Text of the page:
Bookmark   June 19, 2007 at 4:23PM
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minet

Are you horribly uncomfortable with the notion of empty space? Some people are. A lot, are, I think. It's the same thing with silences in a conversation ... many people will just natter on to fill the void, rather than be comfortable with it.

I have found that it's therapeutic to go to garage sales and see all the junk people have bought and kept and are now trying to sell for a dollar. Strengthens my resolve to not keep stuff just because I can. Sooner or later you, or your family, will have to get rid of all of that clutter. Having gone through it with my mom's house, I can tell you I don't wish that on anyone.

Even in my previous small kitchen and current small kitchen, I have empty shelves or parts of shelves, but there are only two of us here now and we just don't need a lot of extra dishes and usually don't buy in bulk, preferring to keep a smaller amount on hand.

If you don't need all that pantry space I'd think about using it in another way. A walk in pantry would be easy to convert to some other use. Keep all the cleaning supplies, including vacuum, in there. Keep all the games or craft supplies or something else that you'd like to keep handy.

Although if you have that big of a kitchen, you probably have a lot of storage in other areas.

Revel in the possibilities! Empty spaces can be salve for the soul and relaxing for the mind. Nothing to contemplate there - just let it be.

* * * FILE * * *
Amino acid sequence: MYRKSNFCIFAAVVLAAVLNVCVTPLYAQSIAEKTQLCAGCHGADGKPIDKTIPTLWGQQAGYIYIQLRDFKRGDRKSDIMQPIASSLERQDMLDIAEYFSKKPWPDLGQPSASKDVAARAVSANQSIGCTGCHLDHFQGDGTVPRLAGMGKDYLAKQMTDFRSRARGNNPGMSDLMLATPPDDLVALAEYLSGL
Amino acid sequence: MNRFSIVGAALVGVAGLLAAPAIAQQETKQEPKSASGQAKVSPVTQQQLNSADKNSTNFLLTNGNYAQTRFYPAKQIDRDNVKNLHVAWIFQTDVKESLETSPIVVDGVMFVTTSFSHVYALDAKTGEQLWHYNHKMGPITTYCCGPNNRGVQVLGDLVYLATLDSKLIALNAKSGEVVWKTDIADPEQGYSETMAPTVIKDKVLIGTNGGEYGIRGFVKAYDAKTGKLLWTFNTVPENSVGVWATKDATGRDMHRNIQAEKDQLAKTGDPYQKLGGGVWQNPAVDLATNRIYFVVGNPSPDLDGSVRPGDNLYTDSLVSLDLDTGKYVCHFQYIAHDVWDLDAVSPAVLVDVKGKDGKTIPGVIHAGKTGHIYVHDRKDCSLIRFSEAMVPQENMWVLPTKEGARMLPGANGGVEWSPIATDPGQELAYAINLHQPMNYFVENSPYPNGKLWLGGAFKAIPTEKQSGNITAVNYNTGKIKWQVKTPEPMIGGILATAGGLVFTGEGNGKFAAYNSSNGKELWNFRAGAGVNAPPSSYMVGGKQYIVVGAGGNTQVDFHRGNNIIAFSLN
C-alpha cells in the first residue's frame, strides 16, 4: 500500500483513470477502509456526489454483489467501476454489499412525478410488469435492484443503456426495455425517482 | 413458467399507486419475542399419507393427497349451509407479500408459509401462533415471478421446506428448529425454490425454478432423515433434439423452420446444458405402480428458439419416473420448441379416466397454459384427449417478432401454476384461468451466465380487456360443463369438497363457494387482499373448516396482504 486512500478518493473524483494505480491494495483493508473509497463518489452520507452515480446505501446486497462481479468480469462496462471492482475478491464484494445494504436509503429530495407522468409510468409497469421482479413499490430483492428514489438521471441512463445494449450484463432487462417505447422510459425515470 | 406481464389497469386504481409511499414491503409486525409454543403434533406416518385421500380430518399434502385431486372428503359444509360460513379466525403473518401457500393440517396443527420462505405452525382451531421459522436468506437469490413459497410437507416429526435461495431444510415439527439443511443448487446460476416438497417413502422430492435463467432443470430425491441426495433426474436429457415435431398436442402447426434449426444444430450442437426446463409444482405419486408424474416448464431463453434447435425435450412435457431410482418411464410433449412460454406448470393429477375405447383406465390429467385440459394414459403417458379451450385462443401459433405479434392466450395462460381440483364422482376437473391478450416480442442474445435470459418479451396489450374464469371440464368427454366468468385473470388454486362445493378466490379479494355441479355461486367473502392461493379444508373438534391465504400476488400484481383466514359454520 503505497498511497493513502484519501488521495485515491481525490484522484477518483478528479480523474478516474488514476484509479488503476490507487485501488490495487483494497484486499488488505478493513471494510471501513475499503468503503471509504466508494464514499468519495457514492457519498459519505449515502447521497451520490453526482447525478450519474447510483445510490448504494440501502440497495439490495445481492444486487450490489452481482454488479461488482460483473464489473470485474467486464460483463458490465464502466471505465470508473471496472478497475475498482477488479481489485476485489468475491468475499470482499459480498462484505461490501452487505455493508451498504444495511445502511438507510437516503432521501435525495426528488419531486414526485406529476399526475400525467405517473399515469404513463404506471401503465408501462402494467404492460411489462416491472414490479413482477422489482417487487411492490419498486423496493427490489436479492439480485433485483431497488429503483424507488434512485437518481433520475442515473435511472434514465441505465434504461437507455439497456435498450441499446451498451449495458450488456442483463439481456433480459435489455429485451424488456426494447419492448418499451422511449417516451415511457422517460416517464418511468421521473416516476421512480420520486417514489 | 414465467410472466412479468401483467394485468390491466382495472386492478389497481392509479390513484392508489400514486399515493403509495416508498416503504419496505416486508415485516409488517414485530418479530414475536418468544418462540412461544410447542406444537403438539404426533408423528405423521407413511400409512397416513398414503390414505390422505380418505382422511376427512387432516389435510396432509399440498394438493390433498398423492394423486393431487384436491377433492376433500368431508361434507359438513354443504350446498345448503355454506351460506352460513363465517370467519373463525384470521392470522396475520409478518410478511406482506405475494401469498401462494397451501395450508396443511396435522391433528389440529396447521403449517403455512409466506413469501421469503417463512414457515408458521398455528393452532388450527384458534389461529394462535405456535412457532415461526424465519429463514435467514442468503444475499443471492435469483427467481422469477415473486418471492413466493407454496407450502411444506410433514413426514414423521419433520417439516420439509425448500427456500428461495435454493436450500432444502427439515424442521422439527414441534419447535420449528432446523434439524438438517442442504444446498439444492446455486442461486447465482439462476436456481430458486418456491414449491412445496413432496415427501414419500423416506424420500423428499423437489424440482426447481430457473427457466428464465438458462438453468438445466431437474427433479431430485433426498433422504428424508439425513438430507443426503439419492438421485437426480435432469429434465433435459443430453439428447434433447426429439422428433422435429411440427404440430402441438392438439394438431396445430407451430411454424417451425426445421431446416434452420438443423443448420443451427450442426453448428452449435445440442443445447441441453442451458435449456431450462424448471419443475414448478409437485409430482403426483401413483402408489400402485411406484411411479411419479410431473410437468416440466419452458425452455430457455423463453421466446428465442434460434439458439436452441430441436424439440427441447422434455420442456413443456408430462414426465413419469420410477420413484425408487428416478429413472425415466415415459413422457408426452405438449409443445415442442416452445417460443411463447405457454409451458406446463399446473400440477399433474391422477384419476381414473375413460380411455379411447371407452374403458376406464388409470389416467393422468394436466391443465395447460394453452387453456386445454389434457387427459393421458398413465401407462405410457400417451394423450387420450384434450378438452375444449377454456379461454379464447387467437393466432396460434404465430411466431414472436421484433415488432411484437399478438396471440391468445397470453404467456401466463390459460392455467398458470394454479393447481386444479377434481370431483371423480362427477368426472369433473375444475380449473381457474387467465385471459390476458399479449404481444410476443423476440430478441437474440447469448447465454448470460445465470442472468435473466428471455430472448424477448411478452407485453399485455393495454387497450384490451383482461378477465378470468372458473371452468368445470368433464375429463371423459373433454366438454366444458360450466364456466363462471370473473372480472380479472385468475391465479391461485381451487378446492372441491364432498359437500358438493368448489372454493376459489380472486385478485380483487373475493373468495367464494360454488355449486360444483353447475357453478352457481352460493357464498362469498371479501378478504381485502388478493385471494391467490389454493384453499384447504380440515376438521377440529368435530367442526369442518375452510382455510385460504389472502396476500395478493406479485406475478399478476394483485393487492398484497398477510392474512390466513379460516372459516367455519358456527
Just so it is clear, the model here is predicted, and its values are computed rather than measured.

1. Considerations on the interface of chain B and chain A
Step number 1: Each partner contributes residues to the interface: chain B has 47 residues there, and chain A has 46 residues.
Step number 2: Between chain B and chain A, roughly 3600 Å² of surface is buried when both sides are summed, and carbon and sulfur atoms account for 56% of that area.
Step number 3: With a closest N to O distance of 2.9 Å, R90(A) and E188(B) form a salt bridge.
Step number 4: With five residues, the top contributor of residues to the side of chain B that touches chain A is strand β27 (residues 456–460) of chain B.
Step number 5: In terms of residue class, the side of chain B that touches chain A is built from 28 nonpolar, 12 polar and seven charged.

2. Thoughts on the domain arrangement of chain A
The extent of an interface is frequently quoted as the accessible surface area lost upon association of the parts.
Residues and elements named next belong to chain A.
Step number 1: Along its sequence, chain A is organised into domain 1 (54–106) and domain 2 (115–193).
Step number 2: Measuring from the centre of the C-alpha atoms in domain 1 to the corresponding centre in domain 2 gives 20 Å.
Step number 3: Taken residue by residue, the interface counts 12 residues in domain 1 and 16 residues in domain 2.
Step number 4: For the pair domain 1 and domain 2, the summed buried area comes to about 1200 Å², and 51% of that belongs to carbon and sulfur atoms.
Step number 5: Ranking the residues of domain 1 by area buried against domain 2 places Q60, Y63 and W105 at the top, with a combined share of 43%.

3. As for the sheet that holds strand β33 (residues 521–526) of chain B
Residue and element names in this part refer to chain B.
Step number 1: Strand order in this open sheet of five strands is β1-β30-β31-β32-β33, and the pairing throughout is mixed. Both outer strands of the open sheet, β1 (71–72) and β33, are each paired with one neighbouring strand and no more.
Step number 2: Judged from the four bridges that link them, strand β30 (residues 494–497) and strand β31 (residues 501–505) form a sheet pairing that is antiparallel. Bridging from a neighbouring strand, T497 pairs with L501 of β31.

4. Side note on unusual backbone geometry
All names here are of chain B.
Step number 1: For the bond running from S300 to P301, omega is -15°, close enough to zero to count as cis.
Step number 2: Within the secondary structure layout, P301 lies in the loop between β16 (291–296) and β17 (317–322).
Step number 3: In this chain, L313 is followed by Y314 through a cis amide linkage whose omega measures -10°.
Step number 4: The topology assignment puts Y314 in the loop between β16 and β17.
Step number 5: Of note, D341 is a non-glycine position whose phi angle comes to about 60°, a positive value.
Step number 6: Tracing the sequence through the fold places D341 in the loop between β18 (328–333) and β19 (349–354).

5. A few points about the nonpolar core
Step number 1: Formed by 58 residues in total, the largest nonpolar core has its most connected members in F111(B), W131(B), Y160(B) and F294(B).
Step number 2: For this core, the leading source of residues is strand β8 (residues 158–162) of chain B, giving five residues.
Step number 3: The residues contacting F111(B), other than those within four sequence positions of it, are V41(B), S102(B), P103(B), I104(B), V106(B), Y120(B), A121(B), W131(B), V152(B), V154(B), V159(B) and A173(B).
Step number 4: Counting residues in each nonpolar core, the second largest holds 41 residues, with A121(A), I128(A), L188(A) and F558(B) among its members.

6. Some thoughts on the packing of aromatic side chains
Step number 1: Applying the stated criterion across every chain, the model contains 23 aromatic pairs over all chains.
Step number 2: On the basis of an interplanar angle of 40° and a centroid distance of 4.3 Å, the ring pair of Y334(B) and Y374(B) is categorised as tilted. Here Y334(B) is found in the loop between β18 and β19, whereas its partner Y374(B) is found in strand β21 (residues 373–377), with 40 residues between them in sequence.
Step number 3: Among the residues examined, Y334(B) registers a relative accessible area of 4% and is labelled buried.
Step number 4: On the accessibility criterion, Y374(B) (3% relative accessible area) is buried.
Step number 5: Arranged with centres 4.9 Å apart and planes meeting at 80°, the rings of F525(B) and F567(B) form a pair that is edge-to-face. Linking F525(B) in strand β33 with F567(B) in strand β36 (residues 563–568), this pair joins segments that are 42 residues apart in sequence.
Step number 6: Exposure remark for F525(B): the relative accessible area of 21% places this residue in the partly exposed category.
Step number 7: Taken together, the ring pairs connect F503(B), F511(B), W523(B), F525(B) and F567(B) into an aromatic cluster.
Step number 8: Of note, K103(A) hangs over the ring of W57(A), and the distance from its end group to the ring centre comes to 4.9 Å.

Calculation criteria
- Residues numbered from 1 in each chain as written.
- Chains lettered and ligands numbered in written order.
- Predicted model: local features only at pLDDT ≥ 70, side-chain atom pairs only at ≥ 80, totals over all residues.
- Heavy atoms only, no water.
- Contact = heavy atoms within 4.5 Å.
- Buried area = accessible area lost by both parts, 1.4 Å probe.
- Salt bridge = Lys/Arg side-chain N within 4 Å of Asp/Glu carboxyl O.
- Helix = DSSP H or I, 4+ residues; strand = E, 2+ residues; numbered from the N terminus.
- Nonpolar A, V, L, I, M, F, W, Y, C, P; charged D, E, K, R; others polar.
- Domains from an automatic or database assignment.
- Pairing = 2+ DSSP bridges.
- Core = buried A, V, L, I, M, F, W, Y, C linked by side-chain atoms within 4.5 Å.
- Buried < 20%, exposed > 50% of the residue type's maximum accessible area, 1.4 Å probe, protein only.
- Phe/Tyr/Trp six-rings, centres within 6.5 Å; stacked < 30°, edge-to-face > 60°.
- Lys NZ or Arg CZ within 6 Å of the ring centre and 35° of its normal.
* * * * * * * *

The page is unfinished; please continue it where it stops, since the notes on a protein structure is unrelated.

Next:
(I've been reading some pages from my Zen calendar again, can you tell?) (now I need to transfer that Zen-ness to my piles of paperwork - just clear them out.)

    Bookmark   June 19, 2007 at 5:02PM
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Lena M

I have found that it's therapeutic to go to garage sales and see all the junk people have bought and kept and are now trying to sell for a dollar.

LOL minet. I get the same reaction from Goodwill. I like your Zen approach.

-Lena

    Bookmark   June 19, 2007 at 6:55PM
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quiltglo

First, I would go through the cabinets and drawers and declutter those items which have landed there just because you have room. Once those are gone, I would then arrange the items like you would for any other kitchen. Your cooking, mixing, pantry, whatever. I think your biggest problem right now is all of the "non-kitchen" extra stuff is making so you can't see how well your space could function.